Dependency injection is one of the latest trends in iOS development, for better and more reusable code, cleaner architecture, testability and others. But adding a new dependency to a component means you have to refactor its initializer and all its calls, and we all know Xcode still can't help with that. Krzysztof Zabłocki suggests using protocol composition to avoid the need for that refactoring. Personally, I'm very curious to try this approach, as this is a problem I've met before.
iOS 10.3 introduced a way for an app to change its icon dynamically. While this sounds like it could open a lot of new possibilities, people are still struggling to find a good use-case for it. Most of the problems in doing that are caused by the limitations of the API, which seems to insist on showing the user an alert after the icon was changed. It's still a very new API, and I'm not aware yet of any live apps that use it. Many of the questions seem unanswered for now, and will probably remain that way until it maybe gets updated in a future release.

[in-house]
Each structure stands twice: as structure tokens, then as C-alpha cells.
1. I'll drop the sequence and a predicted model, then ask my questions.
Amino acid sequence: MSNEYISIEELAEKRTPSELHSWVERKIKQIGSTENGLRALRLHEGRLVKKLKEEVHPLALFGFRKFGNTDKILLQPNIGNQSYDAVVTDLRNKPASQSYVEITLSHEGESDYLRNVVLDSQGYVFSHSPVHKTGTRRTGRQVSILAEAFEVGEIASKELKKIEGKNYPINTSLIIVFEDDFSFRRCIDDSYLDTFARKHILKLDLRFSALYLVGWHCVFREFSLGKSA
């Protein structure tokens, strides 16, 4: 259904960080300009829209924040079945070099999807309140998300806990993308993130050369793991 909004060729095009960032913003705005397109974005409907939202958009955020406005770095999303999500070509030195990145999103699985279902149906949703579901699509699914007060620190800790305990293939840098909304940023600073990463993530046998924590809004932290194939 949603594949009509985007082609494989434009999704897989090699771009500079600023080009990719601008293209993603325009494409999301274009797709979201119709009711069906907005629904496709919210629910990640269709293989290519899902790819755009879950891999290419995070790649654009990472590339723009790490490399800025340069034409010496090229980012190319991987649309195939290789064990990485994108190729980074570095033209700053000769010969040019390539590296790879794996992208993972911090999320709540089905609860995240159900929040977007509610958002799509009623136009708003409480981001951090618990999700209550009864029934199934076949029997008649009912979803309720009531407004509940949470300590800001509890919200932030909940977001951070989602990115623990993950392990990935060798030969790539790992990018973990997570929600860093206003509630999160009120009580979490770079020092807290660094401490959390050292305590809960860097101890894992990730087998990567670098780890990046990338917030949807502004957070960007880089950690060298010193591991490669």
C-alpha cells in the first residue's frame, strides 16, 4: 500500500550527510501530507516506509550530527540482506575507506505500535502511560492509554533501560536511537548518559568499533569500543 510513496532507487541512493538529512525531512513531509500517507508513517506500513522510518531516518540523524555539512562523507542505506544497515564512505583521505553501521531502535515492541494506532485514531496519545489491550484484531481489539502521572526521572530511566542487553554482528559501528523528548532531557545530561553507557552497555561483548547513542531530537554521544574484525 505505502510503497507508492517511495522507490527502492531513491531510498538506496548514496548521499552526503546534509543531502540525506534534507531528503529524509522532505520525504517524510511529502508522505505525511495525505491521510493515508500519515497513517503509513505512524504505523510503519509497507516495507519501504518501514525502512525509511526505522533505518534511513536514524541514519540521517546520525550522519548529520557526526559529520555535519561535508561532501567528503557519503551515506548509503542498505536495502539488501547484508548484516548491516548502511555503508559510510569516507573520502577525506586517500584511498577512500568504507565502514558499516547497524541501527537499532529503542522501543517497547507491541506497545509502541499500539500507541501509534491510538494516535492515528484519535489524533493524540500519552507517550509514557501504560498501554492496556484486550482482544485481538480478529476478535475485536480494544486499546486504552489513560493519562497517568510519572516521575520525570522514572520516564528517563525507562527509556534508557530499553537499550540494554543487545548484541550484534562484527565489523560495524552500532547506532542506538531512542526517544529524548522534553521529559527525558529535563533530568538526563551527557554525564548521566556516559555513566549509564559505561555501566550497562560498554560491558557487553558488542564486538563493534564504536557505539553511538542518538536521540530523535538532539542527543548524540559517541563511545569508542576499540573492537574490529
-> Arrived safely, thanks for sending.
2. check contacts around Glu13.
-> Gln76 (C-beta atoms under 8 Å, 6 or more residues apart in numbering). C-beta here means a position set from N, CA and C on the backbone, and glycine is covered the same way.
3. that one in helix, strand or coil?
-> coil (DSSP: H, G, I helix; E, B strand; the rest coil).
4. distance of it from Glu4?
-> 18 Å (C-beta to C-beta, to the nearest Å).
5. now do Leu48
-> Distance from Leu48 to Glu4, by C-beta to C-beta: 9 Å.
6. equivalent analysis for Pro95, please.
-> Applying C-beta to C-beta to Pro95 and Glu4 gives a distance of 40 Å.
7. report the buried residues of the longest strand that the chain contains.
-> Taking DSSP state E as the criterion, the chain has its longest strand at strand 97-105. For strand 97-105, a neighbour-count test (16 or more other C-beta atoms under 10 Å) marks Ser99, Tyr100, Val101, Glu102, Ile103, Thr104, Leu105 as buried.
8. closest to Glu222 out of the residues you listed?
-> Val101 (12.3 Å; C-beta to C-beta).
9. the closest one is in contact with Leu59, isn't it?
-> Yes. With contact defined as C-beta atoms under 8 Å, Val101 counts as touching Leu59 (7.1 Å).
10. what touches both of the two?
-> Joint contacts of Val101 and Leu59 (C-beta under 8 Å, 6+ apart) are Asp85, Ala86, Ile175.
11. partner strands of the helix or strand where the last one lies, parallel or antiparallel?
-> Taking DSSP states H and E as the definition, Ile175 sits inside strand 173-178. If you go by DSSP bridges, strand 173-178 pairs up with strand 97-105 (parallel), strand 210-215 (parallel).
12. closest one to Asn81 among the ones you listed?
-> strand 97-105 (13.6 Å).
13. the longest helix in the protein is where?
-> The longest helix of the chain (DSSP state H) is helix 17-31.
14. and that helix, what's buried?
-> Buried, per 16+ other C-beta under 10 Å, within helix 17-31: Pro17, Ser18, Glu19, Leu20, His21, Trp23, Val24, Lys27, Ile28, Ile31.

We've all seen
@escaping, but what about the less common of Swift's attributes? Jordan Morgan goes into details on some of them, providing some very good explanations. Now, if only that
popViewController(animated:) would be
@discardableResult again. 😄
Simply described as "a button that squishes when pressed", this UI component made by Patrick Balestra is inspired by Clips, the app that Apple launched last week. This is particularly interesting as it potentially shows the direction of iOS 11 UI being a little more dynamic in terms of touch down states which is rumoured to be something that might be changing.